Life Drawing by Stoneburner is bold and complex, fearless and freaking heavy.
Review by David Feltman
Even when dabbling in the peppier mid-tempos, there’s something undeniably sludgy in Stoneburner’s style. The band’s sophomore effort, Life Drawing, never brakes to the excruciatingly protracted speeds of bands like Neurosis or Harvey Milk, opting instead for the groovy southern jams of bands like Eyehategod and High on Fire. But Stoneburner stands apart by juxtaposing warm, fuzzy guitar tones with raspy barks and bleak atmospheric tangents that create an overall chilling effect.
Stoneburner’s experiments and playful compositions are fascinating and often creepy. The eight-minute “An Apology to a Friend in Need” begins with a head banging pulse but suddenly tapers off into a halting, reverb-addled interlude before finding its way back to the crushingly heavy riffs. The track never regains full speed after the odd bit of noodling, instead getting slower and heavier as it winds down in a sort of self-flagellation for its momentary weakness. This isn’t the half-baked sci-fi silliness of typical sludge/stoner fare; this is an album brimming with strife and pain.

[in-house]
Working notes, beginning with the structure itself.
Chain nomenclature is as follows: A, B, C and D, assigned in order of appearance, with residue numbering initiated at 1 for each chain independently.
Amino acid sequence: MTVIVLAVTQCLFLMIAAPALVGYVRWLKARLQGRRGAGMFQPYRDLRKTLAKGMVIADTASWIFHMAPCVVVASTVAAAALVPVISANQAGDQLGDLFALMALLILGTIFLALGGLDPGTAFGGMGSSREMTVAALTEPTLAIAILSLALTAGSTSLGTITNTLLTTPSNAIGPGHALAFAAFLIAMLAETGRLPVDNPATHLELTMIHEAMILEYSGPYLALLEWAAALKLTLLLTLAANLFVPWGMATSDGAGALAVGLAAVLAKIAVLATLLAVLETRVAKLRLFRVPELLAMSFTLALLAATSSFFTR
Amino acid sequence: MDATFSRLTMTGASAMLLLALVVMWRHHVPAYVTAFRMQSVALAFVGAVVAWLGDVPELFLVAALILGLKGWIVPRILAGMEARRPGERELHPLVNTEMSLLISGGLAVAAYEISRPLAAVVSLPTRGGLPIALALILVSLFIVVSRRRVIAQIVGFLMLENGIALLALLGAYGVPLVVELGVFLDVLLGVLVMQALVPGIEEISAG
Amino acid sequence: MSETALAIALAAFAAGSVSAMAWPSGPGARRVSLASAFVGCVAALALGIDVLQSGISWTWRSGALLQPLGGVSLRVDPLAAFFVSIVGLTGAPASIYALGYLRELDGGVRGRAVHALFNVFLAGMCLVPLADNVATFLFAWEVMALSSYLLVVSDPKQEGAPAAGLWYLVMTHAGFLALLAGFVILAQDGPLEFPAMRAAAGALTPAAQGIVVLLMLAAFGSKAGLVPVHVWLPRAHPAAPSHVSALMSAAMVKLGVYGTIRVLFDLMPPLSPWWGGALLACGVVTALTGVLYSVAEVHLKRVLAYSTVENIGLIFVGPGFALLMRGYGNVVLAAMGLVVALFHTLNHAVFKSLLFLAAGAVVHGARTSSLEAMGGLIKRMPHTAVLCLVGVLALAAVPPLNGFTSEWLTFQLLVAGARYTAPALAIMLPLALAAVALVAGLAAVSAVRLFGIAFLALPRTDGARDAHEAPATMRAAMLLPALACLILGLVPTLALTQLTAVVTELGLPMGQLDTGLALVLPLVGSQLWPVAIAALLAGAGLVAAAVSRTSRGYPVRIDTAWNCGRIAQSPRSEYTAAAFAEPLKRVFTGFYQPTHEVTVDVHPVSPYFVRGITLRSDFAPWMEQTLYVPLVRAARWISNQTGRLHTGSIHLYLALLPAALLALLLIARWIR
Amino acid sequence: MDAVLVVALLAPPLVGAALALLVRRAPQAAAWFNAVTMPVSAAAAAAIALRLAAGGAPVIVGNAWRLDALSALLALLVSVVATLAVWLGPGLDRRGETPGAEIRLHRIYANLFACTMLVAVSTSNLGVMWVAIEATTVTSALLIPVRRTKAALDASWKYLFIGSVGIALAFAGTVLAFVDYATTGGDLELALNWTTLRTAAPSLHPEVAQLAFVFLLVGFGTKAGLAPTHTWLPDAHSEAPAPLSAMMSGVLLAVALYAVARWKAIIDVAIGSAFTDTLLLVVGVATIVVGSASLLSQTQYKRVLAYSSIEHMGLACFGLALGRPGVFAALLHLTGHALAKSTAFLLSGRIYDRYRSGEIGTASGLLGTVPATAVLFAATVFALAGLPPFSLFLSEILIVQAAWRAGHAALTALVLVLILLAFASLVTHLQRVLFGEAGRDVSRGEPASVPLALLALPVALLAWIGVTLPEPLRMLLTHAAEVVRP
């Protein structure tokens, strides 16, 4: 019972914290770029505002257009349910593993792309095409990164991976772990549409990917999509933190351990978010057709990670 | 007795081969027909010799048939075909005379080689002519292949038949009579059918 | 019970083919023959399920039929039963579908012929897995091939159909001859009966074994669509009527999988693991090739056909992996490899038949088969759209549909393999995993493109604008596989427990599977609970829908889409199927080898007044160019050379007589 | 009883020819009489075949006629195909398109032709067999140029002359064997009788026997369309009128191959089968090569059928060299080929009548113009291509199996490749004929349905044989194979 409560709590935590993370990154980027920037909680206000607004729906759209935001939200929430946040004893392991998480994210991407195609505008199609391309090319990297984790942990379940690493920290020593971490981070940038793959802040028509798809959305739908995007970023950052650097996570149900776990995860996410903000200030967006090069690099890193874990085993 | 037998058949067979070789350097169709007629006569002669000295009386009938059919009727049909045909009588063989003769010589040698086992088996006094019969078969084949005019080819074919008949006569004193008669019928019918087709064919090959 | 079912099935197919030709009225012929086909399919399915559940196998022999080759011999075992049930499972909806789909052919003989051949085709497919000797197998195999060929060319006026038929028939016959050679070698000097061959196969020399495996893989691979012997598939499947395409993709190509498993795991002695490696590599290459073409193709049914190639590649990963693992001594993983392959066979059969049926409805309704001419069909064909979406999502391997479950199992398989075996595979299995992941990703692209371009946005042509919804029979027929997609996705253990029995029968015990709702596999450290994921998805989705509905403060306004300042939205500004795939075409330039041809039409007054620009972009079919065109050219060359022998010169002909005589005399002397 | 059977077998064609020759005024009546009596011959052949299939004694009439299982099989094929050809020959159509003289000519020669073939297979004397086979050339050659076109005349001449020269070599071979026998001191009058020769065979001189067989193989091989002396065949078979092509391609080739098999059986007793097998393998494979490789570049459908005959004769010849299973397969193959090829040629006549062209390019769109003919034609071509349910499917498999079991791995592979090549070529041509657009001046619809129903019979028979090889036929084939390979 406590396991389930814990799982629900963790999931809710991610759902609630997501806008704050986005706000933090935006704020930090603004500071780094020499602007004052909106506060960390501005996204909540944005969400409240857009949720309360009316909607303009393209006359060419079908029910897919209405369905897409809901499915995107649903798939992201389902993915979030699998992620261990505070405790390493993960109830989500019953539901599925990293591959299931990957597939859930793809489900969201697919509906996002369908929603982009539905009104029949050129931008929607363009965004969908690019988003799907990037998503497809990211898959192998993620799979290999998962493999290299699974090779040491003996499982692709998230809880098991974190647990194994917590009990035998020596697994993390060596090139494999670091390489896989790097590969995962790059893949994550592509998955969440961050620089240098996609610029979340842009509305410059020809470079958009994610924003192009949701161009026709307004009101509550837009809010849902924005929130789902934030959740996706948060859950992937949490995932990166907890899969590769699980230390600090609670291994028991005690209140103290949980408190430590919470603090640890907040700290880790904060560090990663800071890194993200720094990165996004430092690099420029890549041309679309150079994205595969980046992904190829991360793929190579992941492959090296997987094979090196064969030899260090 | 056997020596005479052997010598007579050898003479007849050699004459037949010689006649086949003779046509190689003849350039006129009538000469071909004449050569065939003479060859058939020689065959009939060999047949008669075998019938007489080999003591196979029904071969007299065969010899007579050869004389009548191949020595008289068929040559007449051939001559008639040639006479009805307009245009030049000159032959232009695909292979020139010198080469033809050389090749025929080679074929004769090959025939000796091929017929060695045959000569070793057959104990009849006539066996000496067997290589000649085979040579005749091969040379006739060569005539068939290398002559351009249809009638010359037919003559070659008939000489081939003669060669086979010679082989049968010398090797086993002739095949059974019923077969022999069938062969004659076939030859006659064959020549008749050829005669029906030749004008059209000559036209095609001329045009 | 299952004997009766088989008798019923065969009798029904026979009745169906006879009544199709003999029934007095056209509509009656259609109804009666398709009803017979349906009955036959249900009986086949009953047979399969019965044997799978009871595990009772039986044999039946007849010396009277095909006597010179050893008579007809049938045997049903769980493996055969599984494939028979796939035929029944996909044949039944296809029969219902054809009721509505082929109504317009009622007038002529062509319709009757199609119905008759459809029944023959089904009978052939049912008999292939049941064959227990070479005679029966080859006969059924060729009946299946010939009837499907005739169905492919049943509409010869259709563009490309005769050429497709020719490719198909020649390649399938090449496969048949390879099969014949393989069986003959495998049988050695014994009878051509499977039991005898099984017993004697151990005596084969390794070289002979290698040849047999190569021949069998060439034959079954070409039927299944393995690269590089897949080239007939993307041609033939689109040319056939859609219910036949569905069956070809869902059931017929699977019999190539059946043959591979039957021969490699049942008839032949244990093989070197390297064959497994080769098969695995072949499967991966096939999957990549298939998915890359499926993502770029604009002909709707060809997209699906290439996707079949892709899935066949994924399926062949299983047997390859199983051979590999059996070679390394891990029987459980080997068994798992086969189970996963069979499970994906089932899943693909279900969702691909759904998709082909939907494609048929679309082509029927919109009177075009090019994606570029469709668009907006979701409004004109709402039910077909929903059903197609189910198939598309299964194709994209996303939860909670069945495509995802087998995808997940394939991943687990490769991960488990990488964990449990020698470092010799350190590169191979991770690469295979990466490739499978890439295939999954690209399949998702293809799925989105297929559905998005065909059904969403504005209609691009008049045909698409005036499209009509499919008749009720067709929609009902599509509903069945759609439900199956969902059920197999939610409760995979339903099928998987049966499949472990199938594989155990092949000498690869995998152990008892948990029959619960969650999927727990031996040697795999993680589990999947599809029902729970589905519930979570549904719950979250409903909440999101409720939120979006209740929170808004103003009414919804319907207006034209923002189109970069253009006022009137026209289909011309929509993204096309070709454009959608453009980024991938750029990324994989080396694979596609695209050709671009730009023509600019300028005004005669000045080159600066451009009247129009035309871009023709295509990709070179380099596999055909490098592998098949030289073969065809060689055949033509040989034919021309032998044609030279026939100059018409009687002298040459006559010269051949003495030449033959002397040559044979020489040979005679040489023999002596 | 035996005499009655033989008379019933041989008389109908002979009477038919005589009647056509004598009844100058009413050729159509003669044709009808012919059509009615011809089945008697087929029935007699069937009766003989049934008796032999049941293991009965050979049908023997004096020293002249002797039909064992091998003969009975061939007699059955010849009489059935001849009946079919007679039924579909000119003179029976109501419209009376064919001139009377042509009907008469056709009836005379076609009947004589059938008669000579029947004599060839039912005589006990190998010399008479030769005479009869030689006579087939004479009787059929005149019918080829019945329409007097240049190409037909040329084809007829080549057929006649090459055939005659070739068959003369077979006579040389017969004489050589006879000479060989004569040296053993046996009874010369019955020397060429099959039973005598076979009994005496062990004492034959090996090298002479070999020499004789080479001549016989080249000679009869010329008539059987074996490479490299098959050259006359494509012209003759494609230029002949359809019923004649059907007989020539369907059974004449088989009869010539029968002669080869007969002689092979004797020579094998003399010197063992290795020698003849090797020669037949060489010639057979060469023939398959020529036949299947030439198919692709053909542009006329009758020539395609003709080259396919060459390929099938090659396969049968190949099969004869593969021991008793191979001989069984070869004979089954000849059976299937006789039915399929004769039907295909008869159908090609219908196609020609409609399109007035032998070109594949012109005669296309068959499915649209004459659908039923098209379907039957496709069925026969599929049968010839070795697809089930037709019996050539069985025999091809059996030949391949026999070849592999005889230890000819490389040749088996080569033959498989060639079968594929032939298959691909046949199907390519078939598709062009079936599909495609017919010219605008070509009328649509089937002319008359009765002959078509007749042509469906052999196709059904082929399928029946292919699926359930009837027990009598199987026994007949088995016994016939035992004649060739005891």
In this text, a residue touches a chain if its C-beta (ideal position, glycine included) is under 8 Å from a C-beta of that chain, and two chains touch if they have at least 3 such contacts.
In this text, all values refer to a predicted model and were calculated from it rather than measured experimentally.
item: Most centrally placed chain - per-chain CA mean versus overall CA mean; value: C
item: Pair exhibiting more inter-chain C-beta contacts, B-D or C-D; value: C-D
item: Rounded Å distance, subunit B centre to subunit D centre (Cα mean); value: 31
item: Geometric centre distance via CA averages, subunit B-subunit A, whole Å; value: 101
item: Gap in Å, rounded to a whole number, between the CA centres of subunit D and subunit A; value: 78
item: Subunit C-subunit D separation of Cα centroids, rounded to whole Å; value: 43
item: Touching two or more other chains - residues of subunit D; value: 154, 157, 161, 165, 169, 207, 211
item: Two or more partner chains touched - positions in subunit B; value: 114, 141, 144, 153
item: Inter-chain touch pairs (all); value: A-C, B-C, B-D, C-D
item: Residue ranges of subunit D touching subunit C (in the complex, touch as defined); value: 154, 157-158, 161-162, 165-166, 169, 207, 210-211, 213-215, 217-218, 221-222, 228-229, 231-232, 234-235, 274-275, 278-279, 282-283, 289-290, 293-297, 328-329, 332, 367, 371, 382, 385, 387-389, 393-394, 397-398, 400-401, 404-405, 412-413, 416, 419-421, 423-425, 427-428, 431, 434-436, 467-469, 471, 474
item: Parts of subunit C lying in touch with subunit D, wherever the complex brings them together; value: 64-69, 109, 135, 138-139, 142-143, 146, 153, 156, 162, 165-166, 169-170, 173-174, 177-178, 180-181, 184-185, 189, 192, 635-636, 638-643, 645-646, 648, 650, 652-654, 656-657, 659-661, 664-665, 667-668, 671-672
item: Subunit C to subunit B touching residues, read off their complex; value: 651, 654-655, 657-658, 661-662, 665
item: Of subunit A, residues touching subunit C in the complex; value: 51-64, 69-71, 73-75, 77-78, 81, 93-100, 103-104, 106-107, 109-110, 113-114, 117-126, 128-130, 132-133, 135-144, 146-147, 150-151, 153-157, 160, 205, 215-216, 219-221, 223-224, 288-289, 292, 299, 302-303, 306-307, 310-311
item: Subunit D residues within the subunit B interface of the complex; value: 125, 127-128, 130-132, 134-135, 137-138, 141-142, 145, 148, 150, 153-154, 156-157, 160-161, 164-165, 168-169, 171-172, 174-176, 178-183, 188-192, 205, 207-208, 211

The album is preoccupied with the concept of rebirth, second chances and the ultimate futility of striving to be a better person. Stoneburner doesn’t see a lot of hope for happy endings and bright futures. There’s a torrent of personal feelings swirling through Life Drawing, making the music all the more absorbing. The album is bold and complex, fearless and freaking heavy. This is thinking man’s metal.